ISLAMABAD, Pakistan -- Pakistan's government is cracking down on social-media critics of the nation's powerful military, a move many activists and opposition lawmakers say is aimed at suppressing free speech and political dissent.
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Authorities targeted 27 users on Facebook and Twitter in the past week that allegedly criticized the military, Interior Minister Chaudhry Nisar Ali Khan said Tuesday. Mr. Khan said eight of the 27 are being interviewed about their antimilitary posts, while the rest are being sought for questioning. Mr. Khan said the investigation isn't targeting the social-media platforms themselves.
Pakistan's military has ruled the country for about half of its 70-year history and has carried out several coups. It remains a potent force, controlling security and foreign policies. Ruling party members say the government doesn't want to feud with the military in the run-up to national elections in the next year, when Prime Minister Nawaz Sharif seeks to be re-elected.
"The military is an institution that makes jet fighters, holds nuclear weapons and has five hundred thousand armed men. But they are scared of a 140 character tweet," said Jibran Nasir, a human-rights activist. "It is obvious this is about egos, not national security."
The military didn't respond to requests for comment.
The crackdown comes after a period of renewed tensions between Mr. Sharif's civilian government and the military following a report last year that he confronted the military over its alleged support for some jihadist groups.
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After the military termed the leak a breach of national security, the government launched an inquiry that concluded this month. Two ministers were fired, but leaders and supporters of Pakistan Tehreek-e-Insaf, or PTI, the main opposition party, demanded stronger action.
Many PTI supporters took to social media to accuse Gen. Qamar Bajwa, the army chief, of going soft on the government. Others, including supporters of the ruling party, accused the military of acting beyond its constitutional limits in pressuring the civilian government.
Interior Minister Khan said Tuesday such comments were "unacceptable" and that authorities will act against those that "unjustly criticize and ridicule" the country's military and judiciary. Mr. Khan said there are limits in Pakistan's constitution to the freedom of expression in cases where it can harm the country's defense and security.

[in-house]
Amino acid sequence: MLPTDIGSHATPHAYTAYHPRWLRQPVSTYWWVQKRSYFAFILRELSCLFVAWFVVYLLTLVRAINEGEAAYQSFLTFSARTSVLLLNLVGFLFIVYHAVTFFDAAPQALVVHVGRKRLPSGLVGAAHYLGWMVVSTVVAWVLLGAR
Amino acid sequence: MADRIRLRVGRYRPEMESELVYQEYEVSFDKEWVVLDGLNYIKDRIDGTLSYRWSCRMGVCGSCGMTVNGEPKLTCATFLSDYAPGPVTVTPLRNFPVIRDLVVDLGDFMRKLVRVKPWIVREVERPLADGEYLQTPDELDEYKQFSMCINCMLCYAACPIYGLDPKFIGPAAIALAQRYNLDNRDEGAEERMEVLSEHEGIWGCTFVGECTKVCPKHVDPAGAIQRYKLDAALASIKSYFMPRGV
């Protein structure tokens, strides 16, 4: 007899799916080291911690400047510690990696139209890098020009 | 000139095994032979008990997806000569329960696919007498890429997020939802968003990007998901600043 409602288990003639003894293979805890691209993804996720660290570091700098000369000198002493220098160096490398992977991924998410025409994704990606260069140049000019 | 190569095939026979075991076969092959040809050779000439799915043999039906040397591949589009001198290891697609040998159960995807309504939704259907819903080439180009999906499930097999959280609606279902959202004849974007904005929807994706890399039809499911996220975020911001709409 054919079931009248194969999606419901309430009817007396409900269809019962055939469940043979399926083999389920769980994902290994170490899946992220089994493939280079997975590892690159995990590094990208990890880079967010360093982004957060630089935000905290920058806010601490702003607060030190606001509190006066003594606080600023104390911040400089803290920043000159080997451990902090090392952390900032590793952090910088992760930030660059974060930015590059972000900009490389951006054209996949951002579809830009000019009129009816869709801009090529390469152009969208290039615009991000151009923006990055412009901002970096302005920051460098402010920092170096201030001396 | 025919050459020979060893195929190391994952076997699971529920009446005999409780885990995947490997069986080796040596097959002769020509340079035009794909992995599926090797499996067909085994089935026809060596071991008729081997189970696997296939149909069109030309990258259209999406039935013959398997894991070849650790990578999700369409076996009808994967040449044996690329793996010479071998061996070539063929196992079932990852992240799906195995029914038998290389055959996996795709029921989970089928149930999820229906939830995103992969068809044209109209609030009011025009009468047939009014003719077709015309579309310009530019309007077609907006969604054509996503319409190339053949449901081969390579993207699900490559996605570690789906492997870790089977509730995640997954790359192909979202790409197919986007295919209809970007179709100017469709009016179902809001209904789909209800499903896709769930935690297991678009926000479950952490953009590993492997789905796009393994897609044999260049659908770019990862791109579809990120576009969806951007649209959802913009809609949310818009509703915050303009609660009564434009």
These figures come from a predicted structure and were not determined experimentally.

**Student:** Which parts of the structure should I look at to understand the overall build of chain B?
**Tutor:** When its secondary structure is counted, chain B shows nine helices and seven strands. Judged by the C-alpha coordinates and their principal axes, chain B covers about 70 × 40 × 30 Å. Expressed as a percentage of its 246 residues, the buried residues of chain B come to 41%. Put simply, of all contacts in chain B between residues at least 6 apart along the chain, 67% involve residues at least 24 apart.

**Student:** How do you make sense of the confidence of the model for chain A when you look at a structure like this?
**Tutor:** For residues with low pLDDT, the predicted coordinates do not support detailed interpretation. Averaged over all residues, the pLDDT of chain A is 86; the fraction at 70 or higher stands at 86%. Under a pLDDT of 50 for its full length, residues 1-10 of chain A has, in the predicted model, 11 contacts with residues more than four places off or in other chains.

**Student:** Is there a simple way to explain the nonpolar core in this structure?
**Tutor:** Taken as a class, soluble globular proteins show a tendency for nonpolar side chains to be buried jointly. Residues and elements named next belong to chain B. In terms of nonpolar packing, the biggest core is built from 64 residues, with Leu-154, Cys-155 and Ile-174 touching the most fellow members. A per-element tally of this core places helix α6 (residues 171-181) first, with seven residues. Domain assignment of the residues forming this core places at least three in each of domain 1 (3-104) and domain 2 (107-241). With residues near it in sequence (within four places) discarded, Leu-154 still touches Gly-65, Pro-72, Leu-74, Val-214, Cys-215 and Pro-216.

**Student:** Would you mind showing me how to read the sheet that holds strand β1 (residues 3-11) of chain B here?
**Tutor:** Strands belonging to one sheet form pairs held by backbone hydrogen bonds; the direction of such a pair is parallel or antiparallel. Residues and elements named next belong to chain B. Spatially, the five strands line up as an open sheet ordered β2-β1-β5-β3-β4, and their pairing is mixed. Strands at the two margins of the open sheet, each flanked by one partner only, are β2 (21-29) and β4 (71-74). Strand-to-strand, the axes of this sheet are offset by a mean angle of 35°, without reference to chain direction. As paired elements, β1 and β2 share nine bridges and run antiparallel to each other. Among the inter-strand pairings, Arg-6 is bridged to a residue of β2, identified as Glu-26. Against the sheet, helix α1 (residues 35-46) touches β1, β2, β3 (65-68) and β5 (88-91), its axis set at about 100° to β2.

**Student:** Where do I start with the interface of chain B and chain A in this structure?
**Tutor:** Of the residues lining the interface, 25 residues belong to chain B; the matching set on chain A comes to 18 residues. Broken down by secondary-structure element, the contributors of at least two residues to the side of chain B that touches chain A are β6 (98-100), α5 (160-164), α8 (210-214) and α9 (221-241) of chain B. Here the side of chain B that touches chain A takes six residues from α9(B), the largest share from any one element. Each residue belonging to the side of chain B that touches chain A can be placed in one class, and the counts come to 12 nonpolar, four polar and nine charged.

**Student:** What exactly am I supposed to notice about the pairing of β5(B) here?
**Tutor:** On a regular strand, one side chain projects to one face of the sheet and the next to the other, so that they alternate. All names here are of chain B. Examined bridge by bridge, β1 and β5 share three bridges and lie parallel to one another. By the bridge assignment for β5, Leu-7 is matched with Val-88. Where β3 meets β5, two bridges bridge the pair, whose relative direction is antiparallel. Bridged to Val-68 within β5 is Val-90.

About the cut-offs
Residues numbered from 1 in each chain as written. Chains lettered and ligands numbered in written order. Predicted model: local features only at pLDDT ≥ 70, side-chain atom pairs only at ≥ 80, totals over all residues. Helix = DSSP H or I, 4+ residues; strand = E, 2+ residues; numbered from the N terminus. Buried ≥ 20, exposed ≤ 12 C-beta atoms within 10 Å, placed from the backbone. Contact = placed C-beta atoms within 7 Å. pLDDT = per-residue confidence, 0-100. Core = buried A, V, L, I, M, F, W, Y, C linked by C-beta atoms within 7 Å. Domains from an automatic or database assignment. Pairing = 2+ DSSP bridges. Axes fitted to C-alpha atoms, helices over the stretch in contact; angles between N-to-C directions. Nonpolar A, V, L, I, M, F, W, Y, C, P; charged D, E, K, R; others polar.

Human-rights activists say the vague phrasing of the constitutional clause about freedom of expression is often used to curb dissent against the military and the government.
The crackdown has outraged opposition parties and human-rights activists. The Human Rights Commission of Pakistan, an independent body, demanded an end to what it called arbitrary curbs on the freedom of expression.
"Why are they intimidating people? They're trying to curb people's freedom of expression. This is anti-democratic," said Imran Khan, PTI chairman, threatening street protests if it didn't stop.
Interior Minister Khan insisted Tuesday that the government won't place restrictions on social-media platforms, but "there are red lines, according to the law and constitution of Pakistan." He said none of the social-media users questioned by authorities have been arrested or charged with a crime yet, and that they were allowed to have a lawyer present during questioning. Mr. Khan denied that any of the eight social-media users was harassed.
Arslan Khalid, head of the PTI's social-media operations, said one PTI party activists was required to hand over his mobile phones and laptops and passwords when he was questioned. The government also questioned some members of Mr. Sharif's ruling party, party members said.
A Pakistani journalist, Taha Siddiqui, who reports for France 24 and other new outlets, said he filed a court complaint on Monday after being summoned for questioning, saying he was harassed and unable to perform his job.
His reaction came after five bloggers who posted content critical of the state and the military went missing in January. One of them, after returning, accused Pakistani intelligence agencies of detaining and torturing him. The military and the government denied that.
On the latest actions, Mr. Siddiqui said: "This is an attempt to silence any dissent and any sort of constructive criticism of the Pakistani military, which is a holy cow in this country. When someone talks about it, they use different tools to silence people. They want people to self-censor."
(END) Dow Jones Newswires
May 23, 2017 10:31 ET (14:31 GMT)